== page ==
Most colorful view of Universe captured by NASA’s Hubble Space Telescope. The resulting image contains about 10,000 galaxies, extending back in time to within a few hundred million years of the big bang.
Images Credit: NASA/ESA
Astronomers using Hubble Space Telescope have assembled a comprehensive picture — made from 841 orbits of telescope viewing time — of the evolving universe – among the most colorful deep space images ever captured by the 24-year-old telescope.
Researchers say the image, in new study called the Ultraviolet Coverage of the Hubble Ultra Deep Field, provides the missing link in star formation. The Hubble Ultra Deep Field 2014 image is a composite of separate exposures taken in 2003 to 2012 with Hubble’s Advanced Camera for Surveys and Wide Field Camera 3.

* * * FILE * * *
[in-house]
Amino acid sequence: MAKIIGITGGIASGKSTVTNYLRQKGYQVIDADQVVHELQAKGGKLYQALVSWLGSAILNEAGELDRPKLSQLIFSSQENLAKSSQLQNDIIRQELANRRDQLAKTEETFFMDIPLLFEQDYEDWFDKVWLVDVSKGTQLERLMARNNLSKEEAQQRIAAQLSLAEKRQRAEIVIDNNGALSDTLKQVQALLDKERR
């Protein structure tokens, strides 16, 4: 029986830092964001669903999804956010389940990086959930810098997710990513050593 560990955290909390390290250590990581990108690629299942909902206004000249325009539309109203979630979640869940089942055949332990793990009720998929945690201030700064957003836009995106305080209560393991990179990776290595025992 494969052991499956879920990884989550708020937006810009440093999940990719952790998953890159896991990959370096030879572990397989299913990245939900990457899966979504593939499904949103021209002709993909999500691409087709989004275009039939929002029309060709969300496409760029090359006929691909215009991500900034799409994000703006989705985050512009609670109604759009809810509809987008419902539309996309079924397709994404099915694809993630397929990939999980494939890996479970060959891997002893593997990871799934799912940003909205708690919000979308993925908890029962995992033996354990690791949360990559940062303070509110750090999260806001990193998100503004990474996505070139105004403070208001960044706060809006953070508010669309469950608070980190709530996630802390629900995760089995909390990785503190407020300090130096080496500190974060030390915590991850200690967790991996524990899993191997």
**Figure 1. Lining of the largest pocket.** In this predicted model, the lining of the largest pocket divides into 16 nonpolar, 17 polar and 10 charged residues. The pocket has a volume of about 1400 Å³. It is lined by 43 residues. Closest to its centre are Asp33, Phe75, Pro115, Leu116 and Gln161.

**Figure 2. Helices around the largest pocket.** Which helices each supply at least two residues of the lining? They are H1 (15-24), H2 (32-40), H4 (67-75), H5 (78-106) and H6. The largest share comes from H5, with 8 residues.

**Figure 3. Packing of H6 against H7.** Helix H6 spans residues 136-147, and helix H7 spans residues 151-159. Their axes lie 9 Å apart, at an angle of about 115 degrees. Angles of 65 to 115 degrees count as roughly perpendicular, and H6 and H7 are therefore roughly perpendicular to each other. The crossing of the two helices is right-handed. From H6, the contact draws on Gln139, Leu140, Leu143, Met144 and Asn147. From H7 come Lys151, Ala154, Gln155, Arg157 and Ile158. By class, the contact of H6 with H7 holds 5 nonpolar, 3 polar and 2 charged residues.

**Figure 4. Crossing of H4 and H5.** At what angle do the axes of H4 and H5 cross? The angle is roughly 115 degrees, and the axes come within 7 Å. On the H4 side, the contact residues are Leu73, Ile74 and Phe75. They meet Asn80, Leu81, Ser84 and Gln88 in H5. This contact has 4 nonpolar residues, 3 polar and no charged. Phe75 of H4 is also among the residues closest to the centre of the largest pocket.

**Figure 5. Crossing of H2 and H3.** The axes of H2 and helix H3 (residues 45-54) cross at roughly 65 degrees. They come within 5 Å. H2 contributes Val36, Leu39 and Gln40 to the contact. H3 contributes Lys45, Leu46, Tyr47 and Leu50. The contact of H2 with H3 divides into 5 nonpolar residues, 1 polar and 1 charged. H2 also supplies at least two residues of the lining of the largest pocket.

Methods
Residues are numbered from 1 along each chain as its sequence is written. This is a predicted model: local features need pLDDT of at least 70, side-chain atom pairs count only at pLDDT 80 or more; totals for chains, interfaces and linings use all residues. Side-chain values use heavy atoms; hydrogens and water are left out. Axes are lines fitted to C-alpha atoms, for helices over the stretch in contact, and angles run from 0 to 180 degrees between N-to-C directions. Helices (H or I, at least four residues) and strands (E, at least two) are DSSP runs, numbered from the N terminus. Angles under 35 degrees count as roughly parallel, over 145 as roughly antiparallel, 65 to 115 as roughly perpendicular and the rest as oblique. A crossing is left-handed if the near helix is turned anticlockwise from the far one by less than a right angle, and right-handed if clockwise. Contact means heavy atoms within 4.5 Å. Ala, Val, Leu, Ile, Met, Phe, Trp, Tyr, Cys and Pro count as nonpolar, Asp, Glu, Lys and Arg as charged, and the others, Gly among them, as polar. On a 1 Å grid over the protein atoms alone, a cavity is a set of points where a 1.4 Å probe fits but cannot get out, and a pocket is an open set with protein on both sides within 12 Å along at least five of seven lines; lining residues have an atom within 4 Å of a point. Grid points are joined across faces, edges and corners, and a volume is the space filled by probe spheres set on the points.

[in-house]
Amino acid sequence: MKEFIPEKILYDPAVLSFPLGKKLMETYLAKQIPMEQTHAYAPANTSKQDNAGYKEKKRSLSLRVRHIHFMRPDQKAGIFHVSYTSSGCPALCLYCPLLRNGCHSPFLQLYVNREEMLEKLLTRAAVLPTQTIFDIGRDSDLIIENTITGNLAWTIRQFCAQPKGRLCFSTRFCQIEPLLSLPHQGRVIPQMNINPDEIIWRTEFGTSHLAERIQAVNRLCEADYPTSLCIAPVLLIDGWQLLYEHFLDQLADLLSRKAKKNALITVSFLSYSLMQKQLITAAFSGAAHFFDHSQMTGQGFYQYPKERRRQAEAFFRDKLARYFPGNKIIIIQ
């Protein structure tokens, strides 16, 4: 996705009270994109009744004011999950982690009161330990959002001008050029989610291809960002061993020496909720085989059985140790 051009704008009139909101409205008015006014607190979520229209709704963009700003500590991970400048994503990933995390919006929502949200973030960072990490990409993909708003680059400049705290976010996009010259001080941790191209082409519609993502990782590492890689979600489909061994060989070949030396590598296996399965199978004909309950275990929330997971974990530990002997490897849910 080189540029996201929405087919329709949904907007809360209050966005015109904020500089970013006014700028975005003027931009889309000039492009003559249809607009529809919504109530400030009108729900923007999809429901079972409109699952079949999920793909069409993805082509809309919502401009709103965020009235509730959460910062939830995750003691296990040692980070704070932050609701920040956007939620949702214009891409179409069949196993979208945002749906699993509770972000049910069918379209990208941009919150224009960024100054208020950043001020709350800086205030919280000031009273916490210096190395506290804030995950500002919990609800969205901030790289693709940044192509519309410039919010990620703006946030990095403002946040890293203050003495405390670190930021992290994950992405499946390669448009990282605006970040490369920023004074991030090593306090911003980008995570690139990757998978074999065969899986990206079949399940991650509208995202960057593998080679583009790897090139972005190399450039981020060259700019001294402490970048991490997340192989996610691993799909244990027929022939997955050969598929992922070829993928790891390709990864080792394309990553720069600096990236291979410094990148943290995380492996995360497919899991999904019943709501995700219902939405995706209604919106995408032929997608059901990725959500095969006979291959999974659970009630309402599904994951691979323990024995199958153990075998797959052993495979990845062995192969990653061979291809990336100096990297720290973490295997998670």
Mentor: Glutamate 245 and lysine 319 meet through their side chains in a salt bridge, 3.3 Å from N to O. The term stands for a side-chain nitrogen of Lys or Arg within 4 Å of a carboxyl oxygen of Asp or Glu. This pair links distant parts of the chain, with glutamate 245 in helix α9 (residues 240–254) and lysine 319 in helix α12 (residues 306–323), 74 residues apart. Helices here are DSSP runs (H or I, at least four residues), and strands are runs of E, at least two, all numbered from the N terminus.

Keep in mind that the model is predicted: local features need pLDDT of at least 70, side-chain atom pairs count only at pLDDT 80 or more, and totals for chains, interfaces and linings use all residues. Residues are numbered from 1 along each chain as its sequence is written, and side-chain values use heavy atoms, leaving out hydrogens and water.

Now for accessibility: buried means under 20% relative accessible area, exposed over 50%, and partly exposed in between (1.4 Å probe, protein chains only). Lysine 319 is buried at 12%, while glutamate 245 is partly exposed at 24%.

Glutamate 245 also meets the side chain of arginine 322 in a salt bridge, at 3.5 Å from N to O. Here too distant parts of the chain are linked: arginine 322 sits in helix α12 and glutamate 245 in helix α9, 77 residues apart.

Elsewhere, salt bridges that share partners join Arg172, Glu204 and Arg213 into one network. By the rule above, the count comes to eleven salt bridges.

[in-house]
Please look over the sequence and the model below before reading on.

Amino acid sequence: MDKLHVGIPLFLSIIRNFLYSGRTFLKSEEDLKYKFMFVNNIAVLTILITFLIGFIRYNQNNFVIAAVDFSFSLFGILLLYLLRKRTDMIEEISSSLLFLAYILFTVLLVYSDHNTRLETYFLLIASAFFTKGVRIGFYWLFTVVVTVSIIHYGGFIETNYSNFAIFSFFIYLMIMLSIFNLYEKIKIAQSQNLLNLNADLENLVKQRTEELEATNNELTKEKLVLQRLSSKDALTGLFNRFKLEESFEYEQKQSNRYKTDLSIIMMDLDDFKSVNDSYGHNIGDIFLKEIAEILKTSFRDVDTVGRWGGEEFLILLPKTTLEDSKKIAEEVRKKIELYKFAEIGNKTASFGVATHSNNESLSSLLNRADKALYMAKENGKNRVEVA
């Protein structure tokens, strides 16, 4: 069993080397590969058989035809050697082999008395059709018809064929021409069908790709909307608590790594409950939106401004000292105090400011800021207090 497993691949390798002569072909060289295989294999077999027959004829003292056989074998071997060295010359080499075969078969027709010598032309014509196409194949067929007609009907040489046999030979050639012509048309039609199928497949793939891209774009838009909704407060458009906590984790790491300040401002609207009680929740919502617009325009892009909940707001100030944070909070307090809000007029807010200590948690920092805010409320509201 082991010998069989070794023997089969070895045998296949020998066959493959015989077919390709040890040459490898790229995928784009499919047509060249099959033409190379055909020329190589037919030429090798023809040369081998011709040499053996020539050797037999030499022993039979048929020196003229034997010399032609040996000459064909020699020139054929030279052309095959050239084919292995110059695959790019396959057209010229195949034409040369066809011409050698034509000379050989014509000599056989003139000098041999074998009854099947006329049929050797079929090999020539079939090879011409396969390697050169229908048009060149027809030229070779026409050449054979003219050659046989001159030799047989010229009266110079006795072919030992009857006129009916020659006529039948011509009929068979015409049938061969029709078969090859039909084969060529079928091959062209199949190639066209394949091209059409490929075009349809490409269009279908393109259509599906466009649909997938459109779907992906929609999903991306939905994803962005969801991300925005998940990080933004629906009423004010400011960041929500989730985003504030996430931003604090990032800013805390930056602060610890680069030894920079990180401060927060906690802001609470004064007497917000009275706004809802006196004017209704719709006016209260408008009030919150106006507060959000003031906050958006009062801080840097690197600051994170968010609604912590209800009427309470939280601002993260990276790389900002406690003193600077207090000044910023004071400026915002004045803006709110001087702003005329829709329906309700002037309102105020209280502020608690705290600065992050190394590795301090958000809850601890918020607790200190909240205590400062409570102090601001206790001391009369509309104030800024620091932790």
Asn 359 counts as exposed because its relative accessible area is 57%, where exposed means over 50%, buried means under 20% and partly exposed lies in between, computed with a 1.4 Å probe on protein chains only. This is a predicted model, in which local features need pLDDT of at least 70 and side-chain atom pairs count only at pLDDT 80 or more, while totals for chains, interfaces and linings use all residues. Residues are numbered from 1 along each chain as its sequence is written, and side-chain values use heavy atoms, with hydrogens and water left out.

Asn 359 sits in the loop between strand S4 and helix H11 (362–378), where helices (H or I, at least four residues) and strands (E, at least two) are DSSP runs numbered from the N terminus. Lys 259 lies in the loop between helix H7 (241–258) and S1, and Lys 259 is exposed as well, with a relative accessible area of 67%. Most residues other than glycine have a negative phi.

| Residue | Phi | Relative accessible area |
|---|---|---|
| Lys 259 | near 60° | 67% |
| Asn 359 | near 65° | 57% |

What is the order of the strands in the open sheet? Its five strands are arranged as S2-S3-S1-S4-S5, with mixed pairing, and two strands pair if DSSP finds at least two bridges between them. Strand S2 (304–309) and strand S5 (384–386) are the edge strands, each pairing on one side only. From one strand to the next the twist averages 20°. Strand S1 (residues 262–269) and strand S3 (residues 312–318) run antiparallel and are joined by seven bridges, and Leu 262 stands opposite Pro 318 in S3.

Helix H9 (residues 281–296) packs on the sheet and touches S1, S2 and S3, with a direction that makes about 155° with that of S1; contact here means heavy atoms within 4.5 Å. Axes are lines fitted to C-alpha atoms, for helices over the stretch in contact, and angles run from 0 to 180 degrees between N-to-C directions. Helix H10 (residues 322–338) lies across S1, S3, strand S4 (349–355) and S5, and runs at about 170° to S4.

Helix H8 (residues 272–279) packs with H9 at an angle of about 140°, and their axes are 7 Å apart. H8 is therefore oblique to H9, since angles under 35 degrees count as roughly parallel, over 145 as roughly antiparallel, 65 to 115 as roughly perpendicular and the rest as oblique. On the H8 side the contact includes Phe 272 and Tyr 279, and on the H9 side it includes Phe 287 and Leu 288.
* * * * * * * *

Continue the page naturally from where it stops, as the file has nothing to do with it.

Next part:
Prior to the Ultraviolet Coverage of the Hubble Ultra Deep Field study of the universe, astronomers were in a curious position. Missions such as NASA’s Galaxy Evolution Explorer (GALEX) observatory, which operated from 2003 to 2013, provided significant knowledge of star formation in nearby galaxies. Using Hubble’s near-infrared capability, researchers also studied star birth in the most distant galaxies, which appear to us in their most primitive stages due to the significant amount of time required for the light of distant stars to travel into a visible range. But for the period in between, when most of the stars in the universe were born — a distance extending from about 5 to 10 billion light-years — they did not have enough data.
“The lack of information from ultraviolet light made studying galaxies in the HUDF like trying to understand the history of families without knowing about the grade-school children,” said principal investigator Harry Teplitz of Caltech in Pasadena, California. “The addition of the ultraviolet fills in this missing range.”